Plus, chewing and swallowing hurts. I would kill to be able to eat a salad, a potato chip, anything crunchy. As things heal, my teeth begin to feel misaligned, and biting is really tough.

7. The next ten years.

Of all the things I've dealt with and all the stuff I've left to face--the possibility of a recurrance, the possibility of radiation (won't know about that until Teh Itty-Bitty Tumah Committee meets this wekk), the fact that an obturator is now a permanent part of my life (Dr. Crane says reconstruction is a no-go; they had to take too much), this is what scares me the most.

Like, how the hell do I explain to people who didn't know me before why I have a big plastic plate in my mouth?

This is not something that you necessarily want to bring up on a first date, but it *is* something that's going to have to be addressed at some point (if I ever date again, which I might not, given the Epic Drought that's been goin' on). I've had cancer, I have a scary plastic part. I talk funny. I have to take this thing out and soak it in a glass of water at night, and irrigate the inside of my head: Sexy!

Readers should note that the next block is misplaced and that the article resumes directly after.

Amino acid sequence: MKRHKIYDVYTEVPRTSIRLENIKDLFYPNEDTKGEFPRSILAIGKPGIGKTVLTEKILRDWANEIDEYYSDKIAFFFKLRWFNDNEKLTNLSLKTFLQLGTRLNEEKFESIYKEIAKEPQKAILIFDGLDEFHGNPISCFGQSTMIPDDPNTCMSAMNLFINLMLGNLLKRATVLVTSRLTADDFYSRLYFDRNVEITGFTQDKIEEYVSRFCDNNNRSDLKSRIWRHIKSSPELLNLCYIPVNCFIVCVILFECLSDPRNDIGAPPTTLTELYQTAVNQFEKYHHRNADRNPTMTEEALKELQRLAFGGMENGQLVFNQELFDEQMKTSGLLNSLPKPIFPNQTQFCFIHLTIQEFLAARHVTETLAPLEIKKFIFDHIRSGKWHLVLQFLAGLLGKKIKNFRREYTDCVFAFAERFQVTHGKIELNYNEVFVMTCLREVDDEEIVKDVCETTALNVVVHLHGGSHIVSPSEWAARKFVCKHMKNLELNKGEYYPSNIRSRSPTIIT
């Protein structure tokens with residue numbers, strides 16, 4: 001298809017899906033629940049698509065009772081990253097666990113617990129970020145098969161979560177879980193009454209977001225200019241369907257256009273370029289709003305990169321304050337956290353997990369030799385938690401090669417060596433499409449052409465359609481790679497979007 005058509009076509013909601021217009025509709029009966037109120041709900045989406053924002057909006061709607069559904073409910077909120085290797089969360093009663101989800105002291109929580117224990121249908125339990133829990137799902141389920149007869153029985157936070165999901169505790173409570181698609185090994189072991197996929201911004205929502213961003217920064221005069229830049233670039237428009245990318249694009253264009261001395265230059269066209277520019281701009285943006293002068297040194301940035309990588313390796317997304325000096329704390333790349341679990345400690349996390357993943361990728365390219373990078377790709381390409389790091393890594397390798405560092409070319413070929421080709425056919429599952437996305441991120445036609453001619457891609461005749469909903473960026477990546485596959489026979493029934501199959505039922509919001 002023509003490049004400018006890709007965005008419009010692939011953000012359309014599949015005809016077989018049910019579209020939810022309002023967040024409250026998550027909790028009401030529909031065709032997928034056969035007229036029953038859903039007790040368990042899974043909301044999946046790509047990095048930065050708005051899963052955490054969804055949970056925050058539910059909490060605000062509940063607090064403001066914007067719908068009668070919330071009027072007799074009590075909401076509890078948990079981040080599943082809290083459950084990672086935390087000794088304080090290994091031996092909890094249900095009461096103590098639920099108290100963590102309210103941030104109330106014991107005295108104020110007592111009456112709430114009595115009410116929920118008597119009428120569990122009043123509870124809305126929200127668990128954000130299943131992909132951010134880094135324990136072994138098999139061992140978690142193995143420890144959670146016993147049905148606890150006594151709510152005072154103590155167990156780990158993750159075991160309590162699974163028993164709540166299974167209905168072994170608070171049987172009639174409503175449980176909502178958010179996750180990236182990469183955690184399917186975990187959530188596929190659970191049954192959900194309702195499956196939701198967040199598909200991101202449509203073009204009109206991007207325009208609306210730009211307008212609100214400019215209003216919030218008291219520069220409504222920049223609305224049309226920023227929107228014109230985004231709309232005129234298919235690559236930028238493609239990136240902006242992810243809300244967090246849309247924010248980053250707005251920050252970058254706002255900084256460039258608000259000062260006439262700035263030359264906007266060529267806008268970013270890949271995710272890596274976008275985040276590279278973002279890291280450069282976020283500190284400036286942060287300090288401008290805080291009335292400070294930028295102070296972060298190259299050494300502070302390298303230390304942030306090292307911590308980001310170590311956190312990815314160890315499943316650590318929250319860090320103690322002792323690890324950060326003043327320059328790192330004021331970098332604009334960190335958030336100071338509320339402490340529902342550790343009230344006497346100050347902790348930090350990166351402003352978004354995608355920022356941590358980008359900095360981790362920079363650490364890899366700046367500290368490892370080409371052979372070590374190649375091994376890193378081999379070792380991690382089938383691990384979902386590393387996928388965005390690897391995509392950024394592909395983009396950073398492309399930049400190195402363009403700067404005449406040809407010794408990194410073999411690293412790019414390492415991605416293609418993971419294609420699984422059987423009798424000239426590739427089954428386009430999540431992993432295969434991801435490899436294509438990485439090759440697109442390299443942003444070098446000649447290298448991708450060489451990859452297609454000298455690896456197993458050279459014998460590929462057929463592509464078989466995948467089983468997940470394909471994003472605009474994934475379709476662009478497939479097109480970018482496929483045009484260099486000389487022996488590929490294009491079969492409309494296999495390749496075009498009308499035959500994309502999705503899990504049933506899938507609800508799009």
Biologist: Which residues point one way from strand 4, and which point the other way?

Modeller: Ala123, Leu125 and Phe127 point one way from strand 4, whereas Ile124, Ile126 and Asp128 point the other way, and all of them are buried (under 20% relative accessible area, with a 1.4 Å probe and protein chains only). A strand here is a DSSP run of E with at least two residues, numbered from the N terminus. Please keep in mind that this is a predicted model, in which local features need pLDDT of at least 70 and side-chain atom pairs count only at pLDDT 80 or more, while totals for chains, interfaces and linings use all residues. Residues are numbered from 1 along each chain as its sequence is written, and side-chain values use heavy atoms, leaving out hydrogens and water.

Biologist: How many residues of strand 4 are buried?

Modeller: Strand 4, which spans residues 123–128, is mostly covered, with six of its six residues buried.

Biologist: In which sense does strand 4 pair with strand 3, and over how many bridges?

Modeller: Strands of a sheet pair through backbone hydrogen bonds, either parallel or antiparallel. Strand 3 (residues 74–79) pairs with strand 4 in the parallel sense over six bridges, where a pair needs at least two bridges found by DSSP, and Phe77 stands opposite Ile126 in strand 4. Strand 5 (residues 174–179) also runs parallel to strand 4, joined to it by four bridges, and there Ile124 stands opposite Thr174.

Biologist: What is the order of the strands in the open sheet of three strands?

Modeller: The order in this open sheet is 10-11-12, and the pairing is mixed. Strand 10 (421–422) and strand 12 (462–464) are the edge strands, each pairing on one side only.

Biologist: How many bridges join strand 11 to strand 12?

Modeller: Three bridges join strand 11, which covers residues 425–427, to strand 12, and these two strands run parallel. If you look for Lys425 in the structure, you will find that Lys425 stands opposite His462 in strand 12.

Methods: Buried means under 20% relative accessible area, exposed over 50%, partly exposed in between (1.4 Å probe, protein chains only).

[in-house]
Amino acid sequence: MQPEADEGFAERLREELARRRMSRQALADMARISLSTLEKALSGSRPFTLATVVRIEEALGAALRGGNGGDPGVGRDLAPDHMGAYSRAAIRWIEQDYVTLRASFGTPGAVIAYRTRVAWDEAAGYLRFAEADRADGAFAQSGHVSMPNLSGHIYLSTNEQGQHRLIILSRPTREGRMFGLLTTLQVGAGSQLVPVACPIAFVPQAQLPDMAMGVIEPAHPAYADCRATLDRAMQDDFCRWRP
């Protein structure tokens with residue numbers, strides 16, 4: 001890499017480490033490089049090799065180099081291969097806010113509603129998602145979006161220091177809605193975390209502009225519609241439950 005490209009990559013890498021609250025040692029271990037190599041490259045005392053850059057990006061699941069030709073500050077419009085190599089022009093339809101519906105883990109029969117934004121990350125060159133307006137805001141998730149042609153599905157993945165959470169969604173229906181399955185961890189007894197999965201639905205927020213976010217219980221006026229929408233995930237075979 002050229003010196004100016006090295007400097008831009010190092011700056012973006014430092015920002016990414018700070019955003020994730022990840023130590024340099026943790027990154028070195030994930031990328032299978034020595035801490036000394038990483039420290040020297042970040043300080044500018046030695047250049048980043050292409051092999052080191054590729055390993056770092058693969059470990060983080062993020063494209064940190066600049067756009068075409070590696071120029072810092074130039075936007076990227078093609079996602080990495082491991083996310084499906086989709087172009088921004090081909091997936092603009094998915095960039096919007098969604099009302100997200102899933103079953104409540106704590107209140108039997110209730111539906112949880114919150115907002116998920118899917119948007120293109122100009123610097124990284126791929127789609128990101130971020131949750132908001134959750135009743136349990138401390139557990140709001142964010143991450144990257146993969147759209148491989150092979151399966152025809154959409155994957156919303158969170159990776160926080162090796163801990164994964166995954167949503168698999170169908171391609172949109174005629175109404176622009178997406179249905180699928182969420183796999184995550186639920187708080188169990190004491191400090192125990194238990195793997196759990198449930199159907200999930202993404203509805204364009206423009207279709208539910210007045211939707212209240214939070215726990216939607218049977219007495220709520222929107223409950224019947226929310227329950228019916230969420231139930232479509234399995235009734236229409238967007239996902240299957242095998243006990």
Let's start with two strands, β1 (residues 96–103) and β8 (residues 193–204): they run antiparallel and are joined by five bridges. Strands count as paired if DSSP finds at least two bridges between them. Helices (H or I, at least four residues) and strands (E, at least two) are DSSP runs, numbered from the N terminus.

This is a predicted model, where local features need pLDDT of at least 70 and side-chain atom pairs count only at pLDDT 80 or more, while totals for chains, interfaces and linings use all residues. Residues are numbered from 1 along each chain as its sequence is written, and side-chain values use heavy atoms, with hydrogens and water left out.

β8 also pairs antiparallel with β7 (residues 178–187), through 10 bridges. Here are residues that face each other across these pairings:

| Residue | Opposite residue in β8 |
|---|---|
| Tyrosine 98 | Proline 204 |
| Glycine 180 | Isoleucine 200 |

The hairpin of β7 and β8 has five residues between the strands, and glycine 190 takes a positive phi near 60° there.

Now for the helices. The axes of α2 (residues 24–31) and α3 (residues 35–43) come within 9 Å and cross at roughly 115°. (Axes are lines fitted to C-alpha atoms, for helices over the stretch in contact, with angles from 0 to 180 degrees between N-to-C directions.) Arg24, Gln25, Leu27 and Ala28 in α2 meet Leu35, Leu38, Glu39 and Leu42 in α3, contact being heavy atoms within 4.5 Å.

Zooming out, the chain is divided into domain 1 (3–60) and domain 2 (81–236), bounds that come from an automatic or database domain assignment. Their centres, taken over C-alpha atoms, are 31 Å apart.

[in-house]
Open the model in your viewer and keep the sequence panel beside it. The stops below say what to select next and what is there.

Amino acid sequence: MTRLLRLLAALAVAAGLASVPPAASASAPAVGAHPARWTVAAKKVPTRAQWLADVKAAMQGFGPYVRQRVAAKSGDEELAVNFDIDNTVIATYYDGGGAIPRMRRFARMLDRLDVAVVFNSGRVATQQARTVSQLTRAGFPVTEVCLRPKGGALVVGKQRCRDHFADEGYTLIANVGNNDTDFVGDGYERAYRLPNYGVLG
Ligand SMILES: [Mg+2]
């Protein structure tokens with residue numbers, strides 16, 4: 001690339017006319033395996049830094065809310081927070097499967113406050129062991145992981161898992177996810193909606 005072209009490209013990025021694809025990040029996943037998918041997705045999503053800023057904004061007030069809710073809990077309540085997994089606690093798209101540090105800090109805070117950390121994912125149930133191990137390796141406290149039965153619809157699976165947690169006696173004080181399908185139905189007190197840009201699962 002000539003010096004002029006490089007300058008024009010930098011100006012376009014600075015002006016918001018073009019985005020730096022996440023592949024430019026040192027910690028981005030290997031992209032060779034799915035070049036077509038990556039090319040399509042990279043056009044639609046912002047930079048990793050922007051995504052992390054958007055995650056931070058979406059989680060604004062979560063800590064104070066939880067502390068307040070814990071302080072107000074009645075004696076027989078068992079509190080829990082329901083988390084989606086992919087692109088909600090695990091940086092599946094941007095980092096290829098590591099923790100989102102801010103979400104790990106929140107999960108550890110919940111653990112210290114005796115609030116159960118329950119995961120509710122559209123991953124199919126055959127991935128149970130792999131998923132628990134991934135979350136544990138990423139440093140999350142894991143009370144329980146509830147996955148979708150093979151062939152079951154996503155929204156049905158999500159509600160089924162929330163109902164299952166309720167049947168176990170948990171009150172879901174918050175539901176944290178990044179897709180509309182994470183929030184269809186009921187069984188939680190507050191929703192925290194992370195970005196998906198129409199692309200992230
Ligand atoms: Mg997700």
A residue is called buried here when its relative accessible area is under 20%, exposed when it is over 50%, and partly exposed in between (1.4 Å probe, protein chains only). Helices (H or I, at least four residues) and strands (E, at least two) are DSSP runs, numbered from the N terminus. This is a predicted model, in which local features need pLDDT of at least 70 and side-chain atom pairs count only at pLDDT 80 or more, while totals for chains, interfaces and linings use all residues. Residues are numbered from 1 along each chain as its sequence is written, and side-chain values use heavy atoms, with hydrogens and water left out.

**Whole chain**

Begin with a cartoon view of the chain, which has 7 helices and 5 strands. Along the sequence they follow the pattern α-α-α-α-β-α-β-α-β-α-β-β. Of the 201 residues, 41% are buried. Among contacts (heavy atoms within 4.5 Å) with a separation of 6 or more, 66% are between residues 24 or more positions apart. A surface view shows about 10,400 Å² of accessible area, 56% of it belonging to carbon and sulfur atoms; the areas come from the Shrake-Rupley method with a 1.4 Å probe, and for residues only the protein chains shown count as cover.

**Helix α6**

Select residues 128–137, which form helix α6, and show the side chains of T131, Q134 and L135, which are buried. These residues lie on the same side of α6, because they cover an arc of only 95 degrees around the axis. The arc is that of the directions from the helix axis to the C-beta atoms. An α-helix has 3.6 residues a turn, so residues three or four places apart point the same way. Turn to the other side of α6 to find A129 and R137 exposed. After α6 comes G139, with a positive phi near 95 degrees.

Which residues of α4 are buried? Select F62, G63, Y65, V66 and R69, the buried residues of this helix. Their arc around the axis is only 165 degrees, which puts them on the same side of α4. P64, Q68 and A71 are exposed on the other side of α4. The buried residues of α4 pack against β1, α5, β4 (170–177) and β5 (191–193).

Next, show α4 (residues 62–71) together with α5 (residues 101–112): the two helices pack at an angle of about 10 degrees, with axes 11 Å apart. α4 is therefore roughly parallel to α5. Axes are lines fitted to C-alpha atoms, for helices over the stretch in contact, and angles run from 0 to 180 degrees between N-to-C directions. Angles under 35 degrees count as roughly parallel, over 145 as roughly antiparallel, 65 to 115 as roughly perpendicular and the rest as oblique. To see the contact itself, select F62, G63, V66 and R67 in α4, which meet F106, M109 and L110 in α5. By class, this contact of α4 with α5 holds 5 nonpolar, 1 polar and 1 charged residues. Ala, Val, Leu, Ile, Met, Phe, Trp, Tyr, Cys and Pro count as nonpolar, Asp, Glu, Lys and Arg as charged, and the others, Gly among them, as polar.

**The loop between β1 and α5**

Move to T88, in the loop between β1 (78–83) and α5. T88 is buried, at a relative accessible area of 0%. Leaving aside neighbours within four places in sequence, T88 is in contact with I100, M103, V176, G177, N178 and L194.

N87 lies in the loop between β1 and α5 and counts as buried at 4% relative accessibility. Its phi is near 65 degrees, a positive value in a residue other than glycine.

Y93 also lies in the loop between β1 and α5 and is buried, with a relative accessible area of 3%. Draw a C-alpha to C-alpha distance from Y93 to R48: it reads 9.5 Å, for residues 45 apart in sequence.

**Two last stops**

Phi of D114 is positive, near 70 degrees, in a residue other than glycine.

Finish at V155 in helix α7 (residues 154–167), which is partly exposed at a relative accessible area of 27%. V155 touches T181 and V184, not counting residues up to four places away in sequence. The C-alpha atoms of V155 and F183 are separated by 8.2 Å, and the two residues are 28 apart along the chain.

Also, what to say to people who I don't know very well now, but will eventually hang out with a lot more? Should I get a script down? I ask not only for my own comfort, but for theirs: I don't think they'd appreciate it if I responded to "Oh, you're so brave!" with a poke in the kisser.

And what the hell do I do if it *does* come back? I was reading some message board somewhere, and somebody about my age had the same diagnosis, and went two years disease free, and then boop! It popped up again. I left the computer, took out my obturator, and vomited very calmly for a few minutes. I cannot deal with that possibility yet.

Should I get one of those Medic-Alert bracelets that says I have an obturator? I'm being serious.

When will I feel like myself again? Will I ever? I'm in cancer limbo at the moment, unsure if there'll be any further treatment plans or anything else to do. Cancer Limbo might stick around until I get a five-year all-clear, or a ten-year. I just don't know at this point.

And that, friends, is where I stop with the po-mouthedness. I mean, to look at this logically, I have come up on the good end of all the statistics I've run across so far. With any--hell, with MY--luck, shaving my head prophylactically will turn out to be nothing more than a waste of good hair.